Wildlife is in peril, but that doesn’t mean conservation has failed

| December 13, 2021 | Leave a Comment

Item Link: Access the Resource

Media Type: Article - Recent

Date of Publication: April 22

Year of Publication: 2021

Publication City: Washington, DC

Publisher: Vox Media

Author(s): Benji Jones

Categories: , , ,

A chat with journalist Michelle Nijhuis about her new book Beloved Beasts on the history of the modern conservation movement.

You don’t have to look far to find signs that wildlife is in peril. And most of the news stories about it these days follow a predictable formula: Species are going extinct and, in most cases, humans are to blame.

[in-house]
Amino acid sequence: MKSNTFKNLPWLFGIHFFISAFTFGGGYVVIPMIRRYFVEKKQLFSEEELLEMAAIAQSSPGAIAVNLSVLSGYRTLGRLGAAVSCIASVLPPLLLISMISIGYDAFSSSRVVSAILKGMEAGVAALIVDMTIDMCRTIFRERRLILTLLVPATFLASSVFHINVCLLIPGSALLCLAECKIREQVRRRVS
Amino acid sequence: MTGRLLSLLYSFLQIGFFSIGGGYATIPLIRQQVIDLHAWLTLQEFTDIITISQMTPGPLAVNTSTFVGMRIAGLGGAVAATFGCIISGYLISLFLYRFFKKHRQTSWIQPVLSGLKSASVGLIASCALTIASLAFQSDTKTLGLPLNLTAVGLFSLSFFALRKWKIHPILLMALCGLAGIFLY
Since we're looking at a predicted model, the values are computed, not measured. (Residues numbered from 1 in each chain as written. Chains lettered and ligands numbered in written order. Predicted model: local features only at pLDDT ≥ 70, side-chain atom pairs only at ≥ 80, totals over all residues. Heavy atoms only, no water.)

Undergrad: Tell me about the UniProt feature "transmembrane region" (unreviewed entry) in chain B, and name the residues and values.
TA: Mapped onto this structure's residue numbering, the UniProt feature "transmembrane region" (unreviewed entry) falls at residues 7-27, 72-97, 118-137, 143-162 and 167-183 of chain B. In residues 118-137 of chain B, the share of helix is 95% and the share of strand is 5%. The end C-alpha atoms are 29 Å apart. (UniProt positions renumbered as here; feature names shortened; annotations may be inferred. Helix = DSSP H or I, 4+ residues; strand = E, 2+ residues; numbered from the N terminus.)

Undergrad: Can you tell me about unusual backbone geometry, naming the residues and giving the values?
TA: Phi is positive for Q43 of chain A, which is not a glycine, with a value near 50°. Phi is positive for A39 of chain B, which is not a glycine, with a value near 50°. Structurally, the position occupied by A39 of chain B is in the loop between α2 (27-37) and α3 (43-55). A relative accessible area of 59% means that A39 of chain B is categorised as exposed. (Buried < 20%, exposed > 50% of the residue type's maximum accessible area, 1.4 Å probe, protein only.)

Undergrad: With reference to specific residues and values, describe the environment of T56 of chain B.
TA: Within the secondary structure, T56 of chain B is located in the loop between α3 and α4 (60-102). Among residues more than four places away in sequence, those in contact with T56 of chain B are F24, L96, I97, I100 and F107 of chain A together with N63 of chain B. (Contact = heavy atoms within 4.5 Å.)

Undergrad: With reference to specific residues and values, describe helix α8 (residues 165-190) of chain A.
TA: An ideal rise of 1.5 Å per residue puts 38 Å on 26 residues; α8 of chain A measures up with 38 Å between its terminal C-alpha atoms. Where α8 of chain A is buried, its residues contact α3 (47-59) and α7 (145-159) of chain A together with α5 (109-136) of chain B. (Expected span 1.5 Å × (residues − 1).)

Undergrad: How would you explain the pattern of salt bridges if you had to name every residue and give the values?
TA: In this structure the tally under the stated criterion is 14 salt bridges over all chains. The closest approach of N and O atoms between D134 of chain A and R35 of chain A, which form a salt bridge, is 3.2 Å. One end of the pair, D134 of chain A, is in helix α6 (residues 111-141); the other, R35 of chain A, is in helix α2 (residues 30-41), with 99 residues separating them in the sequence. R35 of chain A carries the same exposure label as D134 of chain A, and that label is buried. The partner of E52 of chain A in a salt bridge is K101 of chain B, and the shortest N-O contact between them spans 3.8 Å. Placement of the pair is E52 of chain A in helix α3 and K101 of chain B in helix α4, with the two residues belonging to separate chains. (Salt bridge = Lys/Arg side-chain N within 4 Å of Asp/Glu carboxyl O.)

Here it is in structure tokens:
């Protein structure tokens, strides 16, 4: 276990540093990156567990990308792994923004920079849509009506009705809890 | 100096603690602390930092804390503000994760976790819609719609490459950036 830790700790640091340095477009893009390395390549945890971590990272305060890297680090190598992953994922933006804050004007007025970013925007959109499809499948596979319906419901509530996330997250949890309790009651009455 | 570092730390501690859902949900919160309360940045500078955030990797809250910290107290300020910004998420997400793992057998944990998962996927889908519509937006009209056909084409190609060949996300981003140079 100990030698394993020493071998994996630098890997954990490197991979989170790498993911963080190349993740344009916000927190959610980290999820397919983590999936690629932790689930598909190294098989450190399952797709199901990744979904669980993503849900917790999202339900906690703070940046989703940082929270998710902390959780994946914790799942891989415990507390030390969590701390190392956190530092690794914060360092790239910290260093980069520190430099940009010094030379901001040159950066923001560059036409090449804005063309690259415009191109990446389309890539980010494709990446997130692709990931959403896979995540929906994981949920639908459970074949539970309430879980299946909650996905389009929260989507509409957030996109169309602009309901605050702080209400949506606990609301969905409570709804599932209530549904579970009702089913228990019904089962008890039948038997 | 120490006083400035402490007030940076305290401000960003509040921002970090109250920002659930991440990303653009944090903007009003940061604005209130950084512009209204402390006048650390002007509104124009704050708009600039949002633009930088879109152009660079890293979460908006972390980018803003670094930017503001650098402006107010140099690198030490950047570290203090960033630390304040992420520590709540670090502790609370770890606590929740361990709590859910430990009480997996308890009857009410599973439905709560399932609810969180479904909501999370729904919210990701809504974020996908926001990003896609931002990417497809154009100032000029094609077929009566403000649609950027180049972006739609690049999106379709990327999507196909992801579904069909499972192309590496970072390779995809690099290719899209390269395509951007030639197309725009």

To be clear, that’s true, and there’s every reason to be alarmed. A report from September, for example, found that the populations of mammals, birds, amphibians, reptiles, and fish have declined by almost 70 percent, on average, since 1970. Another finds that 1 million species are threatened with extinction.

But what those stunning numbers — and the headlines they inspire — tend to obscure is the more hopeful stories of success in conservation. Though they may be harder to find, there are many.

Read the full article here.

The views and opinions expressed through the MAHB Website are those of the contributing authors and do not necessarily reflect an official position of the MAHB. The MAHB aims to share a range of perspectives and welcomes the discussions that they prompt.